High Noon for the USPS?

With the exigent price hikes finally removed from USPS rates, business mailers have been enjoying the first postal decrease in a century. The breather, it appears, could soon be over…and mailing professionals are not taking it sitting down.

While the temporary rate increase was designed to get the Postal Service through the recession and accompanying drop in mail volume, some have been arguing for months that the hike should be permanent. The USPS argues that removing 4.3% hike is a leading reason for their bleak economic outlook. That, plus the onus of having to prefund their retiree health plan, is unsustainable, according to Postmaster General Megan Brennan. They want hikes that are higher than the inflation-based cap currently in place.

The mailing industry isn’t buying it, saying the organization has plenty of opportunities to fix their own situation instead of relying on their captive audience of mailing customers to foot the bill.

“The MPA, along with the Alliance of Nonprofit Mailers (ANM) and the Association for Postal Commerce (PostCom), disagrees with that assessment, submitting comments to the PRC this week calling on it to ‘retain the inflation-capped pricing structure that has protected captive users of the Postal Service’s monopoly services for the past decade’,” writes Greg Dool in Folio.

“The Postal Service wants to raise rates faster than inflation because it says its finances are upside down,” said ANM president Stephen Kearney, 33-year veteran and former treasurer of the USPS. “But our expert analysis shows that USPS is actually in good shape and in fact has made an operating profit in each of its last three fiscal years.”

Other mail industry executives agree: “On the one hand, USPS assiduously guards the mail and mailbox monopolies that federal law guarantees, protecting it from the competitive market forces that private industry has had to withstand,” said Linda Thomas Brooks, MPA president and CEO, in a statement. “But at the same time, USPS seeks unfettered pricing freedom, with only minimal regulatory oversight.”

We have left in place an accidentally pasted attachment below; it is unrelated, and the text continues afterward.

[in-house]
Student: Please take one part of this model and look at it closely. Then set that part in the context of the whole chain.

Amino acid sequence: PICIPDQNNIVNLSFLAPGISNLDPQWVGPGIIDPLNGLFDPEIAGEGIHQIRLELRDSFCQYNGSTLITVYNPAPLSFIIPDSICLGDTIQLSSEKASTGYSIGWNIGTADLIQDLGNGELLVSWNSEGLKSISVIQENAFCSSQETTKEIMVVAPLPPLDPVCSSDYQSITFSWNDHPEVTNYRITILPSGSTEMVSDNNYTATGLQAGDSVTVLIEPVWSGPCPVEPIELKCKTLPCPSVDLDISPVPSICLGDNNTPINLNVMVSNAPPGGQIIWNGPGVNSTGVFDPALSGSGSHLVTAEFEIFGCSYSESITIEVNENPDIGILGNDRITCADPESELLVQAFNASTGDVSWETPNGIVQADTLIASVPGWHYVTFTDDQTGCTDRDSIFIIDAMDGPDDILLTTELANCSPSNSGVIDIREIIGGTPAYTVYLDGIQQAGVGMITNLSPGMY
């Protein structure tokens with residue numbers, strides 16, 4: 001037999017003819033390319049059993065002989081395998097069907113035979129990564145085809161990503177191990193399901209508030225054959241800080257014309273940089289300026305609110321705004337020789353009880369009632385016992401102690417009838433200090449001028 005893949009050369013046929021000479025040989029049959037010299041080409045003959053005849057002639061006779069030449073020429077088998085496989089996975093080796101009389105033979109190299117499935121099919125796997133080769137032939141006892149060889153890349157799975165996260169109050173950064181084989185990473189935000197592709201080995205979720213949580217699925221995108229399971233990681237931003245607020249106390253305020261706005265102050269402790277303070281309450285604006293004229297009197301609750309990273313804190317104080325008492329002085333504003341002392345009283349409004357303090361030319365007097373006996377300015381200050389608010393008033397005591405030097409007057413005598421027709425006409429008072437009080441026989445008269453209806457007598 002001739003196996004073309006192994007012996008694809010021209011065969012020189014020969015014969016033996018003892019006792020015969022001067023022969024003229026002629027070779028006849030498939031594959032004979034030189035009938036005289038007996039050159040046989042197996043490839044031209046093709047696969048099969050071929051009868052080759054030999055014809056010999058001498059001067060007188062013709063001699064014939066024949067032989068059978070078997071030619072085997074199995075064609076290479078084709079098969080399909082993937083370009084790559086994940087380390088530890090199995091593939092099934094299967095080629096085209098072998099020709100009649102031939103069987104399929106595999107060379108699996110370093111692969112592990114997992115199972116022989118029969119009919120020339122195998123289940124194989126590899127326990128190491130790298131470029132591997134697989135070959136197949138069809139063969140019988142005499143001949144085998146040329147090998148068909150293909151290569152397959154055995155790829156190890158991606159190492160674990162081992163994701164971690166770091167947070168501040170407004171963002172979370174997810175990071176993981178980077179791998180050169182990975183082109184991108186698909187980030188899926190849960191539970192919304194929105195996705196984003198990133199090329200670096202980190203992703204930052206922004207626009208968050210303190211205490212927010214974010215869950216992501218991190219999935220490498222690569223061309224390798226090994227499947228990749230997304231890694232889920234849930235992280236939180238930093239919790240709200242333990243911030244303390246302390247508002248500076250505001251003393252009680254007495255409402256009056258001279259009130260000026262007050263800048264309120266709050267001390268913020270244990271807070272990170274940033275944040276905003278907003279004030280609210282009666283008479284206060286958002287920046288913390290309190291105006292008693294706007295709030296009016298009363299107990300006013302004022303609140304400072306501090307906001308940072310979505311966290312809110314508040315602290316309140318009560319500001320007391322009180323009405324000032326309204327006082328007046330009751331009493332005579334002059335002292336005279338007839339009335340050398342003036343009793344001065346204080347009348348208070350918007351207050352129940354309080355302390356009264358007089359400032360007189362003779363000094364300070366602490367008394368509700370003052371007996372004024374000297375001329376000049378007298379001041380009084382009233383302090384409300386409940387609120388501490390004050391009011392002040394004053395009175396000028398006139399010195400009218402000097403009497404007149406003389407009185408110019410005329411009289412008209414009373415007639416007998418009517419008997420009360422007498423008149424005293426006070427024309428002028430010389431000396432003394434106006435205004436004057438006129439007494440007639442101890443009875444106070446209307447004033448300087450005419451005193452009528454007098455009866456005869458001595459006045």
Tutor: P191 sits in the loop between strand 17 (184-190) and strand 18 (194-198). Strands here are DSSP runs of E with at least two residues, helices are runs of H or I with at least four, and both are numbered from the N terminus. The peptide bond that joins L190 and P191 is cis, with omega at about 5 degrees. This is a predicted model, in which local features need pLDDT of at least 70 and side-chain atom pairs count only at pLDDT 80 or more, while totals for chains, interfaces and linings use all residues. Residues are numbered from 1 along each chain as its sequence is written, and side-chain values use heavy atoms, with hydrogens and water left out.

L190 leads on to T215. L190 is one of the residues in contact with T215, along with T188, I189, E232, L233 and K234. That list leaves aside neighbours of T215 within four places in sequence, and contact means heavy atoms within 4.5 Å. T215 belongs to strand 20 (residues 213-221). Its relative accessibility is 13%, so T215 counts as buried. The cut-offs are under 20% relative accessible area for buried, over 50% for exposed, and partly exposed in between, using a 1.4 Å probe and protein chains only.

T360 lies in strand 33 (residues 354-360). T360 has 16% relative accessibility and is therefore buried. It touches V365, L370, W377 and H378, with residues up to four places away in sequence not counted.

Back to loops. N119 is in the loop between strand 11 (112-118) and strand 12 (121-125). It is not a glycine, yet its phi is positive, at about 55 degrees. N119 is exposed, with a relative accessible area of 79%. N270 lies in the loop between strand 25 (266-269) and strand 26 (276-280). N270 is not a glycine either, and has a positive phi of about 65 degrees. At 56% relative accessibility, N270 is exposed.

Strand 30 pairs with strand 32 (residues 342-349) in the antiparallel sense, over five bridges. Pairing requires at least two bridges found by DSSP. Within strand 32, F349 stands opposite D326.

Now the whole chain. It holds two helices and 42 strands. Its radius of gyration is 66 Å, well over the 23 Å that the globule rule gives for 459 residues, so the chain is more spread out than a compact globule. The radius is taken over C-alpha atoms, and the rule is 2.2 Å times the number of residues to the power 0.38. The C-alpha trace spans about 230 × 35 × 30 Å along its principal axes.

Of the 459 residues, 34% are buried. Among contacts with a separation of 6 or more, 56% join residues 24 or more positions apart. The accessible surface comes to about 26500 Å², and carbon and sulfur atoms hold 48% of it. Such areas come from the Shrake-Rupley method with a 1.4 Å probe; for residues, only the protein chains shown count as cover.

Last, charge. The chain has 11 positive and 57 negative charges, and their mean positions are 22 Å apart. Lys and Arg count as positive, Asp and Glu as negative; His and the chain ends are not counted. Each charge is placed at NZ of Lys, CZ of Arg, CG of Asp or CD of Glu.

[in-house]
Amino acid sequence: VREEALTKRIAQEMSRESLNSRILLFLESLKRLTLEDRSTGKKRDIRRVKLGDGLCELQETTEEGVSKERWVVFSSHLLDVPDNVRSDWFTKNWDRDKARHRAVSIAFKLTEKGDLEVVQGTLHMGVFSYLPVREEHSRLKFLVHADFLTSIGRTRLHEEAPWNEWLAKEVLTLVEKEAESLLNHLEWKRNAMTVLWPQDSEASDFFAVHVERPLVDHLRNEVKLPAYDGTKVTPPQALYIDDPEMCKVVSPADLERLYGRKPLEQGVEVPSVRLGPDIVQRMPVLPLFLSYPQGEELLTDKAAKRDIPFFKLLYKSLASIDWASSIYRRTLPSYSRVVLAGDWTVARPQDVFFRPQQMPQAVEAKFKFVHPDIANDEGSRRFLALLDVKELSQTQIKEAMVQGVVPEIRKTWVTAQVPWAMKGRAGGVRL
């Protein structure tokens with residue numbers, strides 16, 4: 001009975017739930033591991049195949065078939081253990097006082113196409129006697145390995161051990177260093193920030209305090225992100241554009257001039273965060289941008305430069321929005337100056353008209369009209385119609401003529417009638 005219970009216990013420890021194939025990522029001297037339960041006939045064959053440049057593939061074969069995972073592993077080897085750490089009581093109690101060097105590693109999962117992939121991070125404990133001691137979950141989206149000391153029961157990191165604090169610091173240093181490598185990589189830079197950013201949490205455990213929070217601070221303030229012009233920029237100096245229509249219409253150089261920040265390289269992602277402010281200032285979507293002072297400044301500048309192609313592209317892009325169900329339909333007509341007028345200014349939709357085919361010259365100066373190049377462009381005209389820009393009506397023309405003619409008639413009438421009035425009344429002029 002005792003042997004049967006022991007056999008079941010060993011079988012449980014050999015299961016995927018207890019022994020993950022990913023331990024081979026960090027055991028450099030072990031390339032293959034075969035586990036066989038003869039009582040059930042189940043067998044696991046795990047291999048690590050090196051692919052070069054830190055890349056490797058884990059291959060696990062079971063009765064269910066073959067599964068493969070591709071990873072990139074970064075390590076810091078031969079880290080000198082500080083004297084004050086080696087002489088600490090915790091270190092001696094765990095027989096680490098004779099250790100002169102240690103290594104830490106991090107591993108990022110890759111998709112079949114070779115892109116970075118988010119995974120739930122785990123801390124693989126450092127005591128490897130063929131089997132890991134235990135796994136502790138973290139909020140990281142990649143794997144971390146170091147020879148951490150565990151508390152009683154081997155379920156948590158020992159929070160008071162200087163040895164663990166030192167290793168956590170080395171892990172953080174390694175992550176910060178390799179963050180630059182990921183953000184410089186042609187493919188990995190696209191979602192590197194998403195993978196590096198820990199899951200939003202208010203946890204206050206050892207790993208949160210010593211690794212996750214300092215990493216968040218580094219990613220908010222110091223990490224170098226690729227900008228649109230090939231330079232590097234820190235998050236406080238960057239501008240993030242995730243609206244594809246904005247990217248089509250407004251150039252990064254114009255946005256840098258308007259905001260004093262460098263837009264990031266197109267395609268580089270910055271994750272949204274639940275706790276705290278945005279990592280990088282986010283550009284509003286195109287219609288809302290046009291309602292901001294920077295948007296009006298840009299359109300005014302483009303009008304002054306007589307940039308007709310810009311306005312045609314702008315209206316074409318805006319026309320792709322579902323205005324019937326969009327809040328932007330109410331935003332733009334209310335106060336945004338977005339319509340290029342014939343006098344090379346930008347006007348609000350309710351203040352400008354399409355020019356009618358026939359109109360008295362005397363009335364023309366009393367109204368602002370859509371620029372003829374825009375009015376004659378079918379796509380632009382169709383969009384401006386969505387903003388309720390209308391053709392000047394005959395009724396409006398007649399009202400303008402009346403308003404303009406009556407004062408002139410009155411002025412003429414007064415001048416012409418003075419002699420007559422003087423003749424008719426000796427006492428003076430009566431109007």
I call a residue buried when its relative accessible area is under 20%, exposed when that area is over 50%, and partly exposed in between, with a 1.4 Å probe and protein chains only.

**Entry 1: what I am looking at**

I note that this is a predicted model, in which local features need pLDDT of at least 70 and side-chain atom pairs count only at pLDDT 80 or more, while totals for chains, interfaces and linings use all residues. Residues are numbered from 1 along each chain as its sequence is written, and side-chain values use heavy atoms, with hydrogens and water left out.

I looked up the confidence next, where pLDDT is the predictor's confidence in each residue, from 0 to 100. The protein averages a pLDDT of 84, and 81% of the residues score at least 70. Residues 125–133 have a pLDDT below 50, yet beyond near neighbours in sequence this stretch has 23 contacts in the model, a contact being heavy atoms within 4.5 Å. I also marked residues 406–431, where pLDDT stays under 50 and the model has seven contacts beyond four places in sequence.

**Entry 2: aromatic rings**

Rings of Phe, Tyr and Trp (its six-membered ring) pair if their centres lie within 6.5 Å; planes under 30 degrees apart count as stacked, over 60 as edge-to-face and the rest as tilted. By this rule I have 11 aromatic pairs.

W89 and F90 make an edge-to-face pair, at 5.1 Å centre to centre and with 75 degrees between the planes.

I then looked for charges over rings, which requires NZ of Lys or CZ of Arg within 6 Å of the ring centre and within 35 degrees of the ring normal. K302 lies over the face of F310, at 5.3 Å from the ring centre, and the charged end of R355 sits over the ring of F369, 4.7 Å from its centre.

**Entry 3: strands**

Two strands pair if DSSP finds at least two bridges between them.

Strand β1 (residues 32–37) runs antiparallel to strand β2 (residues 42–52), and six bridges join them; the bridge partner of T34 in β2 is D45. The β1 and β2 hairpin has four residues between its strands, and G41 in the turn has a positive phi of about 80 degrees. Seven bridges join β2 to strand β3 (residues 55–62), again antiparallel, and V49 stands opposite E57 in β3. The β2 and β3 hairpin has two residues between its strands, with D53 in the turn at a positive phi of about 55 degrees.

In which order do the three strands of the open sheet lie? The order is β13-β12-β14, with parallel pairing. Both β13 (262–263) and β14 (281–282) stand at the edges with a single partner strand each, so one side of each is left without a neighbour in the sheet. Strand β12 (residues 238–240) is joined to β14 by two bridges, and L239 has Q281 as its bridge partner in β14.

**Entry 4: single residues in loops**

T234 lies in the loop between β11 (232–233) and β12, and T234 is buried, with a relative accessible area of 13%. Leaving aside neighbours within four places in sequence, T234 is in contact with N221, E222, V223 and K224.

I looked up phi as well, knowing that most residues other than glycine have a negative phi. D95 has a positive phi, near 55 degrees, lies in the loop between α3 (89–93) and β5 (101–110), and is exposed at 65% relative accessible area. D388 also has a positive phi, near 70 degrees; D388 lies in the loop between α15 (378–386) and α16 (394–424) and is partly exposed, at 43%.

Freeport Press’ Mailing and Distribution Manager Tom Watry thinks the USPS’s claims that it needs the higher rates ring hollow, saying “this is the same argument they have been having for the last few years, just coming at it from a different angle.

“The Postal Regulatory Commission (PRC) has an important role in controlling the rates and the USPS,” says Watry.  “When the recession hit the USPS lost a lot of revenue like a lot of us. The PRC ruled for the exigency surcharge of 4.3% added to the rates to help offset some of their losses but that rule had a time deadline.”

Watry claims that the USPS got used to the additional revenue and now needs it to help maintain regular operations – even though the economic crisis of the recession is over.

“Last year the PRC ruled against keeping the exigency surcharge and we actually saw a postage decrease, this is the first decrease in my career,” Watry continues.

Meanwhile, the  Postal Service Reform Act of 2017, introduced in January and amended this month, attempts to help the USPS, without adding to the tax burden of the U.S. consumer. It’s still not clear if there will be any rate hikes higher than those allowed by the legislated inflation cap.

The mailing industry, for its part, submitted some specific suggestions to the PRC on how the USPS might improve its own financial well-being, Dool notes.

“Among them: reducing compensation for employees, which the associations argue are overpaid compared to their counterparts in the private sector; placing renewed emphasis on driving productivity; conceiving new sources of revenue, like advertising on mail trucks; and, simply, making better decisions when it comes to management and pricing,” he recounts.

As with anything related to the Postal Service, don’t expect any quick answers.

“In January, the MPA filed a request — backed by several other organizations, as well as UPS — to delay the March 20 deadline for submitting comments on the upcoming rulemaking until after the PRC had conducted its review,” Dool notes. That request was denied, but the PRC still isn’t expected to reveal its findings — or any recommended rule changes — until ‘early Autumn’.”